Recommendation: To ensure effective oversight, strengthen internal controls, and address challenges associated with the hardrock mine plan review process, the Secretary of Agriculture should direct the Chief of the Forest Service to take actions to improve the quality of mine plan submissions by, for example, developing guidance for mine operators and agency field officials that instructs them to hold pre-plan submittal meetings whenever possible.

    Agency Affected: Department of Agriculture

  2. Status: Open

    Comments: According to a letter received from the agency in May 2016, the Forest Service will review and evaluate all existing authorities that may allow the agency to promulgate a rule to collect and retain fees for hardrock mine plan processing activities. If authorities exist, the Forest Service will promulgate a rule by October 1, 2018. The letter also stated that the Forest Service has contacted the Office of General Counsel to aid in their review and will begin the process for requesting the authority from Congress for collecting and retaining hardrock mine plan processing fees.

    Recommendation: To ensure effective oversight, strengthen internal controls, and address challenges associated with the hardrock mine plan review process, the Secretary of Agriculture should direct the Chief of the Forest Service to issue a rule that establishes a fee structure for hardrock mine plan processing activities and request the authority from the Congress to retain any fees it collects.

    Agency Affected: Department of Agriculture

  3. Status: Open

    Comments: According to a letter received from the agency in April 2016, BLM agrees that pre-plan submittal meetings are worthwhile and may help prevent delays in the permitting process. The letter also stated that BLM will issue policy guidance for BLM employees regarding participation in pre-plan submittal meetings when possible and when desired by the operator. BLM will include general guidelines and will encourage each state office to create state-specific guidelines that will better meet the needs of the mining industry in each state. Target date for this policy is February 28, 2017.

    Recommendation: To ensure effective oversight, strengthen internal controls, and address challenges associated with the hardrock mine plan review process, Secretary of the Interior should direct the Director of BLM to take actions to improve the quality of mine plan submissions by, for example, developing guidance for mine operators and agency field officials that instructs them to hold pre-plan submittal meetings whenever possible.

    Agency Affected: Department of the Interior

  4. Status: Open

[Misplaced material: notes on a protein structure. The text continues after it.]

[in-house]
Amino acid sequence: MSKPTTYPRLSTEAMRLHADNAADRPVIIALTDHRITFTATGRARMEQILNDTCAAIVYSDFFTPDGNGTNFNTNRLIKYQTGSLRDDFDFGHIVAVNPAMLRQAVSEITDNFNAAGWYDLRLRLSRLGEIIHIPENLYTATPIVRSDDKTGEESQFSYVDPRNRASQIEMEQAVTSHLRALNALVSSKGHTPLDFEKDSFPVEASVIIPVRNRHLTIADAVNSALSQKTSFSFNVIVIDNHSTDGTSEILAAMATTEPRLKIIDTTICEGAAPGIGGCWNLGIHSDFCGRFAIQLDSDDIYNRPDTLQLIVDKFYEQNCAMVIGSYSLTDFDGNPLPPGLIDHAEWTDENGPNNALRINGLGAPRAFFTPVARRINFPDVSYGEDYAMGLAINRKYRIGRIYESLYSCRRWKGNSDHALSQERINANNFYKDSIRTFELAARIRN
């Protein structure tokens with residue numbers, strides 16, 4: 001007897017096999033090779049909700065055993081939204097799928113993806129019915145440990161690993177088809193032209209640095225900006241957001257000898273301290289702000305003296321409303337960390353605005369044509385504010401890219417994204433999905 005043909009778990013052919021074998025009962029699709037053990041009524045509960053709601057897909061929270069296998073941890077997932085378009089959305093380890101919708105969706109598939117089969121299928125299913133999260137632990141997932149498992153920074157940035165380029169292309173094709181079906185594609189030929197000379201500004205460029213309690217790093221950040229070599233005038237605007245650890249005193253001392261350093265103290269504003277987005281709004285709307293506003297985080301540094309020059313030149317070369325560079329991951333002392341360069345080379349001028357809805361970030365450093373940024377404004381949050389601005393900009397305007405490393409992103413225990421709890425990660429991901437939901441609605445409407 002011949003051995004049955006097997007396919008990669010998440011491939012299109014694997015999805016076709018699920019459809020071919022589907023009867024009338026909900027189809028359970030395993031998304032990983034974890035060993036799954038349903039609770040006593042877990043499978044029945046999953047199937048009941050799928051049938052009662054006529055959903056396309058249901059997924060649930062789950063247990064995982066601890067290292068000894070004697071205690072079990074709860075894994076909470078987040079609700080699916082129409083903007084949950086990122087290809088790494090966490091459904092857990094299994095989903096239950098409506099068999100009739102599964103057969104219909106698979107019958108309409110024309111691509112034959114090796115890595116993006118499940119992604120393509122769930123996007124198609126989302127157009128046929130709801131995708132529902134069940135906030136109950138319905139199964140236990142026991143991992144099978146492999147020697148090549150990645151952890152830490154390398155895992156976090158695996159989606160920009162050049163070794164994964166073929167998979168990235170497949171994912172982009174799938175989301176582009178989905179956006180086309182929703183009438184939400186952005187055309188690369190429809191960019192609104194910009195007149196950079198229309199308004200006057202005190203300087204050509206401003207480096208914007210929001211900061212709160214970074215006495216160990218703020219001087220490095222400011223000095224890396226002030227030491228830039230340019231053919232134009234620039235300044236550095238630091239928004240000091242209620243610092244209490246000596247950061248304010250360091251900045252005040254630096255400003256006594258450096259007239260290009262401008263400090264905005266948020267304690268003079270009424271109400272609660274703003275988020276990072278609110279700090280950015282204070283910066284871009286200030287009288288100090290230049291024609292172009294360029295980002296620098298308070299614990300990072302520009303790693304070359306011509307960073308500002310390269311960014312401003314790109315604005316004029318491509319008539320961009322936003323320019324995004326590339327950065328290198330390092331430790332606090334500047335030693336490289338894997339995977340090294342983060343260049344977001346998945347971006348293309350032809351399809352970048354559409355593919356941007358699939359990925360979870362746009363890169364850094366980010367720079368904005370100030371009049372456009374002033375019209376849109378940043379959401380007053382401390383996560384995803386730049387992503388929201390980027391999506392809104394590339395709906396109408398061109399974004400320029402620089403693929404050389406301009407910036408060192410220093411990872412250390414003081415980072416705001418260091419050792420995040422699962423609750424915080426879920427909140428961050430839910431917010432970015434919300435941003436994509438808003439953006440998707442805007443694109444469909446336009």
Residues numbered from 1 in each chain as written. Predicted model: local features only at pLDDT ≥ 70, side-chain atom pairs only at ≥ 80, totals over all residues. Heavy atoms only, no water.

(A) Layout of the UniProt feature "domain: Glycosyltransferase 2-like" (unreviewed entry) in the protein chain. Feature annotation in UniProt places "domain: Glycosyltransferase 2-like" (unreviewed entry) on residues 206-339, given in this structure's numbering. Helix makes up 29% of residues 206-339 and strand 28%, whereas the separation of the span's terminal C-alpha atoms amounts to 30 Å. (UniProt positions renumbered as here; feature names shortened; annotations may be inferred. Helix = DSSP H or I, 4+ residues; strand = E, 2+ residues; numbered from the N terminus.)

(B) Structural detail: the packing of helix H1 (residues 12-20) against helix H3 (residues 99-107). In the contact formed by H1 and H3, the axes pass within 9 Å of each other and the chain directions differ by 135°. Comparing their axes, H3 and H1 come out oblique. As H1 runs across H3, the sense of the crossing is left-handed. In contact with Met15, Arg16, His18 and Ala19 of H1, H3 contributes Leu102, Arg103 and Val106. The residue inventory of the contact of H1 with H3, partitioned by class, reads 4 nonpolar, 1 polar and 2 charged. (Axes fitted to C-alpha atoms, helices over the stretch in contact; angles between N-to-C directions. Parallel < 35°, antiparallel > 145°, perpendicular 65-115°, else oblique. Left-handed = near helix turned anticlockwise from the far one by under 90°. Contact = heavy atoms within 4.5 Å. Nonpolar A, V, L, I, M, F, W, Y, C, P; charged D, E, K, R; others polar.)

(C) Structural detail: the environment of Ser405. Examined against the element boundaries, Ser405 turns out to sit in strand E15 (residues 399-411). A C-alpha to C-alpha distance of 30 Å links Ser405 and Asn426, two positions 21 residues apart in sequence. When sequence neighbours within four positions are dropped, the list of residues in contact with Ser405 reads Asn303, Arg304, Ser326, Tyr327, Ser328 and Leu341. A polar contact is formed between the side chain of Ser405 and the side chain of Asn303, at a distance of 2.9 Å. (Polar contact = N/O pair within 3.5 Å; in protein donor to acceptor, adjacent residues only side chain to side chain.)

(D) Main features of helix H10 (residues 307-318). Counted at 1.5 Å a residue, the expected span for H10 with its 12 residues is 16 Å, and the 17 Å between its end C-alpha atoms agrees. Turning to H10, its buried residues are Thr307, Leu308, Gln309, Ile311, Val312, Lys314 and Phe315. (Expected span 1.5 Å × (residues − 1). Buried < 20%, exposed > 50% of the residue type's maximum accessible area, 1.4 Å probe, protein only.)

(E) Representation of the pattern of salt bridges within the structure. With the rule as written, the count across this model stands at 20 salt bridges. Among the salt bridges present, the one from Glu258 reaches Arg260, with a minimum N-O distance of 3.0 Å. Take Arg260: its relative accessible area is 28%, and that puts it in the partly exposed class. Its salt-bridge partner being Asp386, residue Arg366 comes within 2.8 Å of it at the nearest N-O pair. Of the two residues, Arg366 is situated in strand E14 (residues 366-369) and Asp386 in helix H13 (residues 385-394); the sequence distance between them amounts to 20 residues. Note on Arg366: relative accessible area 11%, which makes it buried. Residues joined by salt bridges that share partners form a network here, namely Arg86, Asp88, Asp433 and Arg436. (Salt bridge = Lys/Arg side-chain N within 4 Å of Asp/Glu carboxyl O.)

Comments: According to a letter received from the agency in April 2016, BLM expressed concern about whether promulgating a rule to assess cost recovery fees for environmental assessment would result in faster permitting times and noted that such an undertaking may be challenging to complete given resource limitation as a result of other high priority rulemaking efforts currently underway by BLM. In the preamble of BLM's 2005 cost recovery rule, BLM indicated that it would consider issuing a separate rule to recover costs associated with reviewing mine plans that require an environmental assessment. BLM proposes to fulfill the intent of the preamble by conducting an internal analysis to determine whether requiring cost recovery would result in reduced permitting times. BLM will report its findings and address other options for increasing staff resources. The target date for completing these tasks is June 30, 2017.

    Recommendation: To ensure effective oversight, strengthen internal controls, and address challenges associated with the hardrock mine plan review process, Secretary of the Interior should direct the Director of BLM to issue a rule that assesses fees associated with reviewing hardrock mine plans that involve conducting environmental assessments.

    Agency Affected: Department of the Interior

  5. Status: Open

    Comments: According to a letter received from the agency in April 2016, BLM will develop new LR2000 codes to differentiate between different types of operations. The target date for completing of this activity is December 31, 2016.

    Recommendation: To ensure effective oversight, strengthen internal controls, and address challenges associated with the hardrock mine plan review process, Secretary of the Interior should direct the Director of BLM to create new codes in its Legacy Rehost 2000 database distinguishing between different types of mine plans to help track the length of time to complete the mine plan review process.

    Agency Affected: Department of the Interior